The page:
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SC economists see local, state jobless figures as a 'mixed bag'

South Carolina posted its best unemployment numbers for December in three years at 9.5 percent, but some economists caution the rate does not tell the whole story.

They predict the unemployment numbers will rise in the spring as they have for the past two years.

They are also concerned that job creation is relatively flat, another indicator the state is not recovering quickly.

"It's a mixed bag," said Rick Kaglic, an economist with the Charlotte branch of the Richmond Federal Reserve Bank. "Fewer unemployed is good news, the ranks are down. But job creation is slow."

According to provisional federal Bureau of Labor Statistics, only 300 jobs were added statewide from November to December.

"That's paltry," Kaglic said.

In the Charlotte metropolitan area, which includes Rock Hill, the federal stats show a loss of about 1,000 jobs from November to December. The Bureau of Labor Statistics data is adjusted for seasonal employment changes such as temporary hirings and plant closings.

Locally, the unemployment rate increased to 12.3 percent from 11.9 percent in York County; to 15.1 percent from 14.2 percent in Chester County; and to 13.4 percent from 12.9 percent in Lancaster County. These rates are not adjusted for seasonal changes in the economy.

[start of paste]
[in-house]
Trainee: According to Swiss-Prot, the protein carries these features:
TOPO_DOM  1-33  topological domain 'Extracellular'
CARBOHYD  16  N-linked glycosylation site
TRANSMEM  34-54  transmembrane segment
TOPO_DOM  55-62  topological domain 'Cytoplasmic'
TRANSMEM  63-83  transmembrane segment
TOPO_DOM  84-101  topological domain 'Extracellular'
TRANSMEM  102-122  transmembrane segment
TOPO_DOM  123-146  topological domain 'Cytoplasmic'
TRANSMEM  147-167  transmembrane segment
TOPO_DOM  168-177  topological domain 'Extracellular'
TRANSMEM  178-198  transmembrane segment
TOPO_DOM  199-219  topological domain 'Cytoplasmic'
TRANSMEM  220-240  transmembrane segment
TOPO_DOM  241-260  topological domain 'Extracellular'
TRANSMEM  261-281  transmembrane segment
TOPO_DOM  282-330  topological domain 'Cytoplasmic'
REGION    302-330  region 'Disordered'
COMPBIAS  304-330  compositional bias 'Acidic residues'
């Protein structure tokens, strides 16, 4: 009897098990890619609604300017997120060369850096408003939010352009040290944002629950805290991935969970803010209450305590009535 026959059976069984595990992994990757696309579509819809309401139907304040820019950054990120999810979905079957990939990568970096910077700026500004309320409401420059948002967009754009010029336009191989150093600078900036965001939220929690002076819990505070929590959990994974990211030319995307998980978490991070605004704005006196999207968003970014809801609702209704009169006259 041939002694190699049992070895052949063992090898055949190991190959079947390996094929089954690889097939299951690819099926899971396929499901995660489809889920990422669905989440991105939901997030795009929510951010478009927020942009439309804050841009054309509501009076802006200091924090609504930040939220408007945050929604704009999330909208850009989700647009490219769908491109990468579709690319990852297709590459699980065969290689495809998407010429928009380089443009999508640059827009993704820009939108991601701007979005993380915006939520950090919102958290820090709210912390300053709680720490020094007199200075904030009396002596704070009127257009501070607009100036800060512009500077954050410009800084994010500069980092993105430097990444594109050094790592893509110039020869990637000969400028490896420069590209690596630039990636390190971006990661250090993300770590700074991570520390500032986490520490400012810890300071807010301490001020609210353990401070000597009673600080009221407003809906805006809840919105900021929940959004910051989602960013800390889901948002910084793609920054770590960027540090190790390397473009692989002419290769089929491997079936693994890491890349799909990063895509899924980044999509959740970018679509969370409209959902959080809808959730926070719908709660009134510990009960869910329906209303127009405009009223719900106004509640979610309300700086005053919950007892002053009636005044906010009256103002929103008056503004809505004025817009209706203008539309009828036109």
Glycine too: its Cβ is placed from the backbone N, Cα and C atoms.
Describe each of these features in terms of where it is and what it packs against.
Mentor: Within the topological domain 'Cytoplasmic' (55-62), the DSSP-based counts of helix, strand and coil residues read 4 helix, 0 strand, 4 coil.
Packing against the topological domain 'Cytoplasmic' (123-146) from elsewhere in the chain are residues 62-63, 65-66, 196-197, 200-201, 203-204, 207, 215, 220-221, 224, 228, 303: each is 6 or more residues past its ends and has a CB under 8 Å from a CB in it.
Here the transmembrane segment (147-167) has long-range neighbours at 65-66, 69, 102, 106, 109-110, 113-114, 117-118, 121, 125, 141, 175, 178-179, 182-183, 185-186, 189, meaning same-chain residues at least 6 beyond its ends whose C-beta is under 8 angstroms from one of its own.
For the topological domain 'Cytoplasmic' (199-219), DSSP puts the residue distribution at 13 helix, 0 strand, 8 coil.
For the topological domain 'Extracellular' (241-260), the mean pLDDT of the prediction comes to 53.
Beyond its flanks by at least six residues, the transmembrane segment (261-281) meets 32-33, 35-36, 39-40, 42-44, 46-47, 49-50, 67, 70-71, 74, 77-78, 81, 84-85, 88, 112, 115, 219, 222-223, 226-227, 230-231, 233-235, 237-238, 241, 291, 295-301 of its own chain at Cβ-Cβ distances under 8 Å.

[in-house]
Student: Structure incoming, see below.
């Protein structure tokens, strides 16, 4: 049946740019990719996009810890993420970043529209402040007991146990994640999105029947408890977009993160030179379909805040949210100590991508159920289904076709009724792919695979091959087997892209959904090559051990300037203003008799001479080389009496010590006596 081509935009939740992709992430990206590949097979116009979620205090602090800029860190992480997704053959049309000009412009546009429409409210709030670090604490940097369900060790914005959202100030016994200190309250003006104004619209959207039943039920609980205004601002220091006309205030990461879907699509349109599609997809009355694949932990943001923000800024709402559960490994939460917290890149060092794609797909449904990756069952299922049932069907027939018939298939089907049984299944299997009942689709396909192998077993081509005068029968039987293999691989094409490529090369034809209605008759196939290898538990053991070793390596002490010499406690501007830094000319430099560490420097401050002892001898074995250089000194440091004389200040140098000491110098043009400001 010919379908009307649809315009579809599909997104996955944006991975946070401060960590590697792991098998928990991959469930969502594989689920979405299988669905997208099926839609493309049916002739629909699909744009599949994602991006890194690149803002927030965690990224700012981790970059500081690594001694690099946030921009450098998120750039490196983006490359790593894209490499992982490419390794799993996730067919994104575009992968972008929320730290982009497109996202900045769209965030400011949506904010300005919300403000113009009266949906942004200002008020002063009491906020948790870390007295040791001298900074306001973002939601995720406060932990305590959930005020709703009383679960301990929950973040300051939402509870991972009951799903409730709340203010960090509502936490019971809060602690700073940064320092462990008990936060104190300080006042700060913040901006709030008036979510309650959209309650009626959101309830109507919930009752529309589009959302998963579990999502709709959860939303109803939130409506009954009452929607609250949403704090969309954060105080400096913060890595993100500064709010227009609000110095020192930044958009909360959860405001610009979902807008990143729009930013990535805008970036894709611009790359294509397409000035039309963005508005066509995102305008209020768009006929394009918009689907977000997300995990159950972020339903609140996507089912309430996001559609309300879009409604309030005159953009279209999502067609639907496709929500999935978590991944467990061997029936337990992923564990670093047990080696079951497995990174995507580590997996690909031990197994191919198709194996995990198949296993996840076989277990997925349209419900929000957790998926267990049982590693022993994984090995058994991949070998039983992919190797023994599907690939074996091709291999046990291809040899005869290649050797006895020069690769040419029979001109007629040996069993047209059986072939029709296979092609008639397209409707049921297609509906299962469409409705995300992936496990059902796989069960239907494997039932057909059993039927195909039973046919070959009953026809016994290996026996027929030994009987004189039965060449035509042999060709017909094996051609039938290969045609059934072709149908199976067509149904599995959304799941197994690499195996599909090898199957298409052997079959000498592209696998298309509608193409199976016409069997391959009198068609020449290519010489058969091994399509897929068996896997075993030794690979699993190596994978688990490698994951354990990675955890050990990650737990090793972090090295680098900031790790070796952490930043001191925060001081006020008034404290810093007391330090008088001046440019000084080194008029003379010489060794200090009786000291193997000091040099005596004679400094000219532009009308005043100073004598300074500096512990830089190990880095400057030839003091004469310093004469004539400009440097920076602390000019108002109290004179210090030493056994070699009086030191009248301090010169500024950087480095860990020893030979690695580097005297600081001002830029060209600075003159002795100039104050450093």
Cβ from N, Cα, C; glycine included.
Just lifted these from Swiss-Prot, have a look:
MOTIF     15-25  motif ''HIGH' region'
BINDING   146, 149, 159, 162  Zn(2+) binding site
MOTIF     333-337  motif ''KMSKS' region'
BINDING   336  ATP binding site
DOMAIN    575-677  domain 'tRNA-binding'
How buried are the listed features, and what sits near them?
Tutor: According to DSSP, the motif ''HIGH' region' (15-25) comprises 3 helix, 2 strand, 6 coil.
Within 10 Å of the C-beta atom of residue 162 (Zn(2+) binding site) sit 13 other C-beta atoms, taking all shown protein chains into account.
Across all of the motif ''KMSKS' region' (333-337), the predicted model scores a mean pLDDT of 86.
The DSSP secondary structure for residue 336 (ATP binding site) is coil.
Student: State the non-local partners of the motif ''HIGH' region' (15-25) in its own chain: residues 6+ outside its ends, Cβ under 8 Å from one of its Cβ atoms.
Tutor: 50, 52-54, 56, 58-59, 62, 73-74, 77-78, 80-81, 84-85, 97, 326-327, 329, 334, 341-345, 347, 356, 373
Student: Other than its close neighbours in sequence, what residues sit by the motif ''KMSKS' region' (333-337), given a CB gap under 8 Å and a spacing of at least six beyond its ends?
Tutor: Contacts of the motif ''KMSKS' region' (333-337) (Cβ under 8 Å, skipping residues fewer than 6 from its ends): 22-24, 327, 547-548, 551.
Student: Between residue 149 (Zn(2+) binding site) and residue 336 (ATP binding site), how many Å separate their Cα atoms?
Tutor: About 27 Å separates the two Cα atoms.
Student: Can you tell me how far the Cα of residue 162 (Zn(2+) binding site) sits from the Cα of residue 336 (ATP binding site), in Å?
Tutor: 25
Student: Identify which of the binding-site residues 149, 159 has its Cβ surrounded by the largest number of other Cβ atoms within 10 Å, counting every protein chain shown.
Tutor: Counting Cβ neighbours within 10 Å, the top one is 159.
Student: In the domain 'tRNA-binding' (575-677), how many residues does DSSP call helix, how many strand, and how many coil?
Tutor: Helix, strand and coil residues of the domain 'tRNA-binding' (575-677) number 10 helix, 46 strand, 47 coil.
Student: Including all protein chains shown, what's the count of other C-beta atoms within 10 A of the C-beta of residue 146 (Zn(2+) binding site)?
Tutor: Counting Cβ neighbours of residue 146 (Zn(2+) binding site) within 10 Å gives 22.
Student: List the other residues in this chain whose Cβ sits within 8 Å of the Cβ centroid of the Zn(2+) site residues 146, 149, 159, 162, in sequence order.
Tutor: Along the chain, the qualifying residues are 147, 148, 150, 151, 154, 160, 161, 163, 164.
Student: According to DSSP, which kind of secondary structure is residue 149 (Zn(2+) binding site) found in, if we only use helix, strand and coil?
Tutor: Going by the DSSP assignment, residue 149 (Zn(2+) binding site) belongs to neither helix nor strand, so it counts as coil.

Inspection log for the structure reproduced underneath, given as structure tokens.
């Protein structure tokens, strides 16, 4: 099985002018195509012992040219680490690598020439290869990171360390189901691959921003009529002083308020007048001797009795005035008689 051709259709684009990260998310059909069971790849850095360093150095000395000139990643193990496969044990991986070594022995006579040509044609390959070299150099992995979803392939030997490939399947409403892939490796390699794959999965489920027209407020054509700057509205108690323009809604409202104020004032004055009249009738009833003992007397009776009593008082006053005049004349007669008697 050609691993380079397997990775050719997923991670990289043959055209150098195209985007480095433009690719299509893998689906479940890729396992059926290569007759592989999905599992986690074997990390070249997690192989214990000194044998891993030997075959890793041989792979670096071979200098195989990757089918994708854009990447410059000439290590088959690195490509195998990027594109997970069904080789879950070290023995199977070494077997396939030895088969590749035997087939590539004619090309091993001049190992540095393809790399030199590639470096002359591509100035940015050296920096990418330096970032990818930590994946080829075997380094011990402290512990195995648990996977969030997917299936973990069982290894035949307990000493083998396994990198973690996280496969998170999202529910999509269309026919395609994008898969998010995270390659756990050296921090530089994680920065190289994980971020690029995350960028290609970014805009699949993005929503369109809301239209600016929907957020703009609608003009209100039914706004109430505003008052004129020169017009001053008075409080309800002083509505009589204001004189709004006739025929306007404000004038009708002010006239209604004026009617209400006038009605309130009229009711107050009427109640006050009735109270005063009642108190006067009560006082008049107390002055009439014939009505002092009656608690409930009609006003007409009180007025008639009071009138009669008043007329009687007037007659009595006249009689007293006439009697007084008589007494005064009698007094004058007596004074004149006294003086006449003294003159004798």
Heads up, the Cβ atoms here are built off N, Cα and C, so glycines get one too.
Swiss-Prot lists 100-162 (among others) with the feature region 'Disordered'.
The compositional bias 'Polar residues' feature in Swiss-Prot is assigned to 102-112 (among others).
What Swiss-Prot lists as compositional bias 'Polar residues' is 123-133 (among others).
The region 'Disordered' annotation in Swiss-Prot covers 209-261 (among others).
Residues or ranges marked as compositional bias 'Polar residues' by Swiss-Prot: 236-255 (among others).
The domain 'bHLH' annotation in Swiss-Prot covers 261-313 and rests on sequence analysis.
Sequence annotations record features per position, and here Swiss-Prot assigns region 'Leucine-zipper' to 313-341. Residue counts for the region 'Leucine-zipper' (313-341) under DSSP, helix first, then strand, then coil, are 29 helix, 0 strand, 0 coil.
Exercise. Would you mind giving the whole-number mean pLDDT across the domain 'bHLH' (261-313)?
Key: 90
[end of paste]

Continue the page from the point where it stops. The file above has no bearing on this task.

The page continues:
Nationally, the unemployment rate for December was 8.5 percent, a two-tenths drop from November.

Rock Hill's provisional unemployment rate for November was 12.9 percent, according to the Bureau of Labor Statistics. The city's unemployment rate is typically released one month after the county data.

The rates are better than December 2010.

"There is no question we are a better place nationwide and in York County than we were a year ago," said Wells Fargo senior economist Mark Vitner.

In December 2010, the unemployment rates in York and Chester counties were 15.3 percent. The rate was 15.6 percent in Lancaster County. Rock Hill's November 2010 unemployment rate was 16.7 percent.

Vitner said the unemployment rate should continue to fall for January and February but rise in the spring.

"We have seen it happen each of the last two years," he said.

Vitner said there have been "modest gains" in the local housing industry, one of the traditional measures of the economy's health.

Scott Maxwell, president of the Home Builders Association of York County, said there has been a slight increase in construction, but it does not come close to prerecession numbers. "But any activity is welcome," he said.

Maxwell, of the Haines Maxwell Company, said the association did not have any firm numbers on new starts or employment. But he said he knew of no one adding to construction crews.

"No one is at full throttle," he said.

Charles Sowell, director of the Catawba Region for the S.C. Department of Employment and Workforce, also lacked specific numbers. But Sowell, who oversees operations in York, Chester and Lancaster, is "cautiously optimistic."

He said job seekers are getting interviews, something that wasn't happening three to six months ago. Companies are interviewing, even bringing people back for a second interview, Sowell said. Hiring, however, has not picked up, he said.